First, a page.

So this was really the challenge; a huge landscape and the need to work with longer focal lengths, yet be able to tell wildlife stories of animals in their environment. Amboseli without doubt is an incredible "playground" for the wildlife photographer. Let me show you some examples below, and comment on each instance...

This photograph shows the classic Amboseli colours. With Kilimanjaro as the backdrop, you have a "tricolour" of battle grey/blue, pastel yellow and green. This gives wildlife photography in Amboseli a unique angle. Any animal you find with the mountain as a backdrop gives you a unique and colourful backdrop in your compositions. Sometimes, as shown above you'd have these 'dust devils' swirling about. They are quite common and again give a lot of interest to the images.

The image here is of an elephant, but I wanted to play with multiple aspects in the composition; the light, which as you can see is incredible (more on that later in the blog), that battle grey/blue backdrop, and the open expansiveness of green grazing grass that the elements eat. Compositionally I decided to break the rule of thirds and put the elephant to the far left, and fill a lot of the frame with negative space. This was on purpose as I wanted to show the elephants grazing environment as this is so important to the story. I then had to wait for the trunk to roll up to emphasise the feeding! The two little white specs are egrets, which follow the elephants around and piggy back on them. 

So you are expecting elephants in Amboseli, right? Well how about lions? We came across 3 female lions pretty much flat cat, in the midday sun. Eventually they sat up and started to take notice of some grazing zebra on the horizon (and eventually two reedbucks a little closer in the longer bushes centre). We were some meters from the lionesses, so here I decided to compose and use a shallow depth of field to tell the story. The lioness focus was on the zebra, so that's where I put the camera focus, on the landscape and the environment, with the lion being blurred in the foreground. Compositionally this works for me, and is a great example of how to work with your surroundings and a longer focal length. 

"Hold on. The last photo you shared was lush and green. Now you are posting a photo with straw coloured soft yellow grass. Surely you've switched game reserves?"


No, this is still Amboseli. Look at those colours. An Ostrich far away from me. I'm zoomed in at 600mm. I've got a tree as a distant anchor point for some contact and I'm just watching the Ostrich until I get a nice posture to represent his grazing. With an "S" neck and one leg bent, I clicked. I overexposed to emphasise those pastel colours. I never imaged getting so excited about shooting Ostriches. But once I took this image, I kept shooting them whenever I could!!!

A simple portrait. But the light makes all the difference. Back lit, this sings to me. Enough said.

Simple clean compositions were another way to interpret the landscapes of Amboseli. We would see herds of Wildebeest and they often gave us some great photographic opportunities, either chasing each other due to rutting, or in golden sun rises. But when you saw the odd isolated Wildebeest how could you compositionally make it interesting? It was often cloudy in Amboseli, which mean variable light and colour conditions. Here I just used the contours of the landscape and negative space to show the Wildebeest in his environment. This is another photograph that shows the contrast of the Amboseli landscape.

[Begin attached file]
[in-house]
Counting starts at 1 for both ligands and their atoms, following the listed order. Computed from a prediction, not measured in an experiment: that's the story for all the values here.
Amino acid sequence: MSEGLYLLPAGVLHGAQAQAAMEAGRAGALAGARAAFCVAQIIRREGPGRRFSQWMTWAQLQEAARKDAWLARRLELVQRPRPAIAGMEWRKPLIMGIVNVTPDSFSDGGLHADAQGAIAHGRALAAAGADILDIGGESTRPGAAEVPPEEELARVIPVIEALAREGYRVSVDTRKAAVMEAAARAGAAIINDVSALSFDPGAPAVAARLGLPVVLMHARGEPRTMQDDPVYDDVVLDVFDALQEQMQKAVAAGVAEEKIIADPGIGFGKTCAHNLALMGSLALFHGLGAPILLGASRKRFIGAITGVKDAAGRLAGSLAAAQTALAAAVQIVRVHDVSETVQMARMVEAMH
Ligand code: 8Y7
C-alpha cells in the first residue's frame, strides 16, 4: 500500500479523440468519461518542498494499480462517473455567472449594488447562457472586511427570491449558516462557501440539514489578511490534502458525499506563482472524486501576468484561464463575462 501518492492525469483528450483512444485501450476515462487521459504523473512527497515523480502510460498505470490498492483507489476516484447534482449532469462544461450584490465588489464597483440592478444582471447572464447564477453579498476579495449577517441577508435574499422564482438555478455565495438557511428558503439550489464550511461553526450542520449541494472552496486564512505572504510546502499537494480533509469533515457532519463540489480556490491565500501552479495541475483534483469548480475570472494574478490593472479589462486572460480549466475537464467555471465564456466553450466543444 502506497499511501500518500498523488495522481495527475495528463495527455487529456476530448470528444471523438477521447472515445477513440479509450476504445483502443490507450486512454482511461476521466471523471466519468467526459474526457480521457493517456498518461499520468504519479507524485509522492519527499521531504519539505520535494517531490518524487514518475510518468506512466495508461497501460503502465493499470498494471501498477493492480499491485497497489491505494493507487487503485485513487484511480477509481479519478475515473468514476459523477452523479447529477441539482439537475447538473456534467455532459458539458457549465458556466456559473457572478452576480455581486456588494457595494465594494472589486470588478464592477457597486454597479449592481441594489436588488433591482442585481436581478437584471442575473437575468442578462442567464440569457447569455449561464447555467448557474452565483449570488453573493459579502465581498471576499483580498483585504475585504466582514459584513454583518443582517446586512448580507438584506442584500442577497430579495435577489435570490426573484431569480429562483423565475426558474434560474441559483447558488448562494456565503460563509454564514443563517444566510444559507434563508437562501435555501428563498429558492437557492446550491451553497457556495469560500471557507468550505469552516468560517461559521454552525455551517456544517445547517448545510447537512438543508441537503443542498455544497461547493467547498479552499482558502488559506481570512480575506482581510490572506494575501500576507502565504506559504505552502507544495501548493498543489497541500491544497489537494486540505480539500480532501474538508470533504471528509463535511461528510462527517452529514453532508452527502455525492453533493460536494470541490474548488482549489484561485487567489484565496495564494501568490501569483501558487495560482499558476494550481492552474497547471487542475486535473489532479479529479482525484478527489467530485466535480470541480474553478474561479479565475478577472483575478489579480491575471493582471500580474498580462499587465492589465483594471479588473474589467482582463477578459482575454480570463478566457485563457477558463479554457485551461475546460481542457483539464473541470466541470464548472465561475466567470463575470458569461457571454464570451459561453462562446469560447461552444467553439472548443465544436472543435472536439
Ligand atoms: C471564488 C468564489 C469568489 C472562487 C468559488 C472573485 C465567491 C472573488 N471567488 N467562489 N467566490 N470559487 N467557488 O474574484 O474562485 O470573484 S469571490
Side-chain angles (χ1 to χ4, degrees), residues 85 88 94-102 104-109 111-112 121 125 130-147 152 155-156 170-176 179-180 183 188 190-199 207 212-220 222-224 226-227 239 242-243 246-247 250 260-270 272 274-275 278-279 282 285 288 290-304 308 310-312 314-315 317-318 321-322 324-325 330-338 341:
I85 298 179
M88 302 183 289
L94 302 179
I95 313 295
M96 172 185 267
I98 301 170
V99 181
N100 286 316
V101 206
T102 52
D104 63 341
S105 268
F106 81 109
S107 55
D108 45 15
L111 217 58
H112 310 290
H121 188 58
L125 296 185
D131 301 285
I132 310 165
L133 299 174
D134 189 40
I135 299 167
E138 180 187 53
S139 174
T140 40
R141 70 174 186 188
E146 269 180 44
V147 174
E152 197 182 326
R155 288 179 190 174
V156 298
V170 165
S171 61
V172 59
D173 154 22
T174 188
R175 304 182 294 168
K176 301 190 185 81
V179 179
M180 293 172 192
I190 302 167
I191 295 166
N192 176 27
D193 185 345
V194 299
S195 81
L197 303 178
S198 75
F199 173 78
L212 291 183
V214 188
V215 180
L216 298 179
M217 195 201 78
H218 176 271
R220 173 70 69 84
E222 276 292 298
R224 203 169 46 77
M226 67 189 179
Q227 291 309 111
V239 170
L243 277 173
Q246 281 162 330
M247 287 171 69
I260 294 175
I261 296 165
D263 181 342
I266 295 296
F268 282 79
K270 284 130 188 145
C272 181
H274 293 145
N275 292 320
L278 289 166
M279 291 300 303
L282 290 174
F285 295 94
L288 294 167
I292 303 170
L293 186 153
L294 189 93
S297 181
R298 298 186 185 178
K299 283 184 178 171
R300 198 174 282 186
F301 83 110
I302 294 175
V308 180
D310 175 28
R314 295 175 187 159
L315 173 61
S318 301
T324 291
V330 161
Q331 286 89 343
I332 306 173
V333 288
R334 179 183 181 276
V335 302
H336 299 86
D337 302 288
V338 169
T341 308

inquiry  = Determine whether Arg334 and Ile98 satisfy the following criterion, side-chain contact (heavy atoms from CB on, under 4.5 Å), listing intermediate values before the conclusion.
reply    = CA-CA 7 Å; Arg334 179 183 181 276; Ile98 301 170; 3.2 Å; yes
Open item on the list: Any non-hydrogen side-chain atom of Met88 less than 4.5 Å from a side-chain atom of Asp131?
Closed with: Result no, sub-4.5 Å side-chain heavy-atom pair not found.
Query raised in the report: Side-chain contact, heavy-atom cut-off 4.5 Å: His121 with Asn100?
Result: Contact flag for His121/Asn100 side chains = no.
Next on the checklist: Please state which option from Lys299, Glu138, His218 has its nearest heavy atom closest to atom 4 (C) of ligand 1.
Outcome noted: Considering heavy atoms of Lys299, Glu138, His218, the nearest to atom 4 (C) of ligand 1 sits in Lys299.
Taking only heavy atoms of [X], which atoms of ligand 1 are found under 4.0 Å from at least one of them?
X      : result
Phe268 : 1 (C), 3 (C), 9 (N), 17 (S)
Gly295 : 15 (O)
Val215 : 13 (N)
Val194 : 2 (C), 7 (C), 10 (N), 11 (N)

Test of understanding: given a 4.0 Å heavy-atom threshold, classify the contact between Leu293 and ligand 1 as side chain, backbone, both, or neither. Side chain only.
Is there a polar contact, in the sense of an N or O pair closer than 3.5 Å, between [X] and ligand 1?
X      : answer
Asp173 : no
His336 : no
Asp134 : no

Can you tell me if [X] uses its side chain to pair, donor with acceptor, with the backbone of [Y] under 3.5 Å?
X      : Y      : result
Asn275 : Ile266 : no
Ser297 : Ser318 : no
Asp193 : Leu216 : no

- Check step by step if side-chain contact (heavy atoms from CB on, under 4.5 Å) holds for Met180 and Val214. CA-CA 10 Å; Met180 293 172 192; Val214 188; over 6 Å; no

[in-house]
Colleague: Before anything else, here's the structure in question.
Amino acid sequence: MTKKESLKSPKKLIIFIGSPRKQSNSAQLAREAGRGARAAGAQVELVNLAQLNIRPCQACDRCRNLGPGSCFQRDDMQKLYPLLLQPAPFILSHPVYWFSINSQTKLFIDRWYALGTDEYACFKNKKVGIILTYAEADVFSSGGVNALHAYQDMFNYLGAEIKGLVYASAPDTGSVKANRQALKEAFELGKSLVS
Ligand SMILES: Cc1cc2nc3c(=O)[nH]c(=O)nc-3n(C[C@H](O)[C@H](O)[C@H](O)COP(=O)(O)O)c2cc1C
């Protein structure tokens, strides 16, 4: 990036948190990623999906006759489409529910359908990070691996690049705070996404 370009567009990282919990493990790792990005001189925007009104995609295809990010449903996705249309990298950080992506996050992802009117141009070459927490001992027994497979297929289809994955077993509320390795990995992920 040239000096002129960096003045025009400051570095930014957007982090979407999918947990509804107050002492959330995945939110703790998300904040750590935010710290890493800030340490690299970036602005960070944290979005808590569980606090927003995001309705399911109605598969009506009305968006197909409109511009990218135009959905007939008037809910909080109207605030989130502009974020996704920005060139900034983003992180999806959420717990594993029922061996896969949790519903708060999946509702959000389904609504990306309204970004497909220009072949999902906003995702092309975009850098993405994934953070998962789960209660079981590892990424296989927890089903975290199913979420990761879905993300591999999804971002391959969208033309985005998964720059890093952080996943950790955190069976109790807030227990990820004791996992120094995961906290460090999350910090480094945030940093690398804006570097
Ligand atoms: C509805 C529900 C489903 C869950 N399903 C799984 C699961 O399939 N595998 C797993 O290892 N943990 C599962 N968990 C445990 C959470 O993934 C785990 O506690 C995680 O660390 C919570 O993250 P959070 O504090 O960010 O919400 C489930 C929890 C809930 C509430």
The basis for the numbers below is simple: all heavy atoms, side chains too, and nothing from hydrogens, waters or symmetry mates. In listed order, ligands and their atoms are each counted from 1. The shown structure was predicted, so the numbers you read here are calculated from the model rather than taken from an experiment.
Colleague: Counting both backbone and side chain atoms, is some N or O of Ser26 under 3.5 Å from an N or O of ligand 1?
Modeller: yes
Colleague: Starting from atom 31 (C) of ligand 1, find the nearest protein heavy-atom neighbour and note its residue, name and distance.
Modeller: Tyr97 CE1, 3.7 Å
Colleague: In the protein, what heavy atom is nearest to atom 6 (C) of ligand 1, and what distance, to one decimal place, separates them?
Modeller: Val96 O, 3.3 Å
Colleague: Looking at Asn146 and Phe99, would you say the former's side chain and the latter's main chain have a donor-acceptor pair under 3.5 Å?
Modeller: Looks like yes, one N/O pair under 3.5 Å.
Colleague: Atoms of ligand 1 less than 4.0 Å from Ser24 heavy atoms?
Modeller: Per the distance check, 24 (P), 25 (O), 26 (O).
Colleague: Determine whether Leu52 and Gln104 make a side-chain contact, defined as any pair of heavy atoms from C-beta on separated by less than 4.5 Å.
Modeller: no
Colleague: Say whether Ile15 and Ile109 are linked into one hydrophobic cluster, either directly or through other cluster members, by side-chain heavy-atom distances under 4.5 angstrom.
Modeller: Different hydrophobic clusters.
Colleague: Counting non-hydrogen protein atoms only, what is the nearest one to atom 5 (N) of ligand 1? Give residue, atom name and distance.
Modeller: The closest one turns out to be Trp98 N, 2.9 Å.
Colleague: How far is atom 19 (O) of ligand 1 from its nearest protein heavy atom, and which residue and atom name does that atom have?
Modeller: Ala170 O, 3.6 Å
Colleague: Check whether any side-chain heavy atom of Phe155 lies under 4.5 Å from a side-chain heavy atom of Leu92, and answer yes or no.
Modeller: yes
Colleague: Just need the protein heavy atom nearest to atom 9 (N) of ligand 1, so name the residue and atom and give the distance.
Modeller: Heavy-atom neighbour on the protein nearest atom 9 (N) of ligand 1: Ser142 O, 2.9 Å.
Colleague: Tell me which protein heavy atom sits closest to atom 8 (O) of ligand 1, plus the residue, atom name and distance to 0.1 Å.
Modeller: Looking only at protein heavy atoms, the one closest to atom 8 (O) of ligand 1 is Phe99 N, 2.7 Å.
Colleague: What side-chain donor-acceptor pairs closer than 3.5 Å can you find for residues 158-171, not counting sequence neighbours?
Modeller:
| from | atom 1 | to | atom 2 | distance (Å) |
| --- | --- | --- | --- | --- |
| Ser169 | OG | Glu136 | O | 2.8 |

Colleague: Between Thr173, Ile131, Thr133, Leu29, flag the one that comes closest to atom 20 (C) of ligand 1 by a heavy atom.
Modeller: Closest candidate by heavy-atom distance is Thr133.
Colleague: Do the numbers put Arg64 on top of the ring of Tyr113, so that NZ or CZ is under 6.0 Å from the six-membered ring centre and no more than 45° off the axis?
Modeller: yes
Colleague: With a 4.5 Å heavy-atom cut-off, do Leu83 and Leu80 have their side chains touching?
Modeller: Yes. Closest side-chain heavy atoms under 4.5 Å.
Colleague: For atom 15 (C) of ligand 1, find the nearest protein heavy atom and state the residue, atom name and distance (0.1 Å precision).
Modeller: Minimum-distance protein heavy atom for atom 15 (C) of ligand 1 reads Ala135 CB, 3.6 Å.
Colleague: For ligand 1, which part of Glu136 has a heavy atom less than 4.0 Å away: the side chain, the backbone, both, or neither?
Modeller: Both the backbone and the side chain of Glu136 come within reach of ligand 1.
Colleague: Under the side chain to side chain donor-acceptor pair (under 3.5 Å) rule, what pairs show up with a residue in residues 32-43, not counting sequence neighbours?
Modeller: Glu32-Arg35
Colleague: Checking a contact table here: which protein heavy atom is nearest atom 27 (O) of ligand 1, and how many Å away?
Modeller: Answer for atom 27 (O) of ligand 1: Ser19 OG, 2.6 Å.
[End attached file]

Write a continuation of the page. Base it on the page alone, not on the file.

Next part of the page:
Another new species for me; a reedbuck. This one was some ways from us in the reeds of the marsh. So with a 600mm focal length slightly pulled back to around 550mm, I worked on some natural framing to create a nice portrait of this antelope in it's environment.

Yes you really are seeing a spot light on those elephants. Take a look at the mountain hillside behind them. That's a shadow of a cloud. The light in Amboseli is incredible. Nobody can tell you how good the light is in Amboseli. You have to experience it. This is called "key lighting". You are waiting for the clouds to move and illuminate the subjects. Here we had positioned and waited for the key lighting to appear. You don't have much time to work because the light will pass very quickly as the cloud moves. Here I was lucky enough to have some egrets piggy backing and at least two of the ellies side on and one trunk rolled. So I am happy!

This is the final image. And for me it doesn't get much better than this. The colour mix in this image is just crazy; black and white of the zebras, the green and yellows of the grass, the red and browns of the dry lake bed, the heat haze and then the battle grey/blue of the mountain and sky. Just incredible. 

So to conclude....what is Amboseli like as a destination? Well it's unique for so many reasons. I hope I've convinced you with this blog and the images that I've shared, that Amboseli is so much more than elephants and Kilimanjaro. After starting my wildlife photography adventure in South Africa, and with 4 return visits, when I chose Kenya and Amboseli it was for a reason. Like a painter looking for inspiration as they paint on a new canvas, I wanted a new photographic canvas to challenge my creativity. Amboseli delivered in abundance. GK Chesterton said "the traveller sees what he sees, the tourist sees what he has come to see". Amboseli is without doubt a destination for travellers.


Andy Gray(non-registered)
A really interesting article, and it made me think about different ways of photographing in Africa, especially going wider than I would normally photograph. Your equipment list and meta data from the photos you took and the focal length is also very useful, thank you. I love all your photos, but in particular the zebra at the end. What a beautiful image.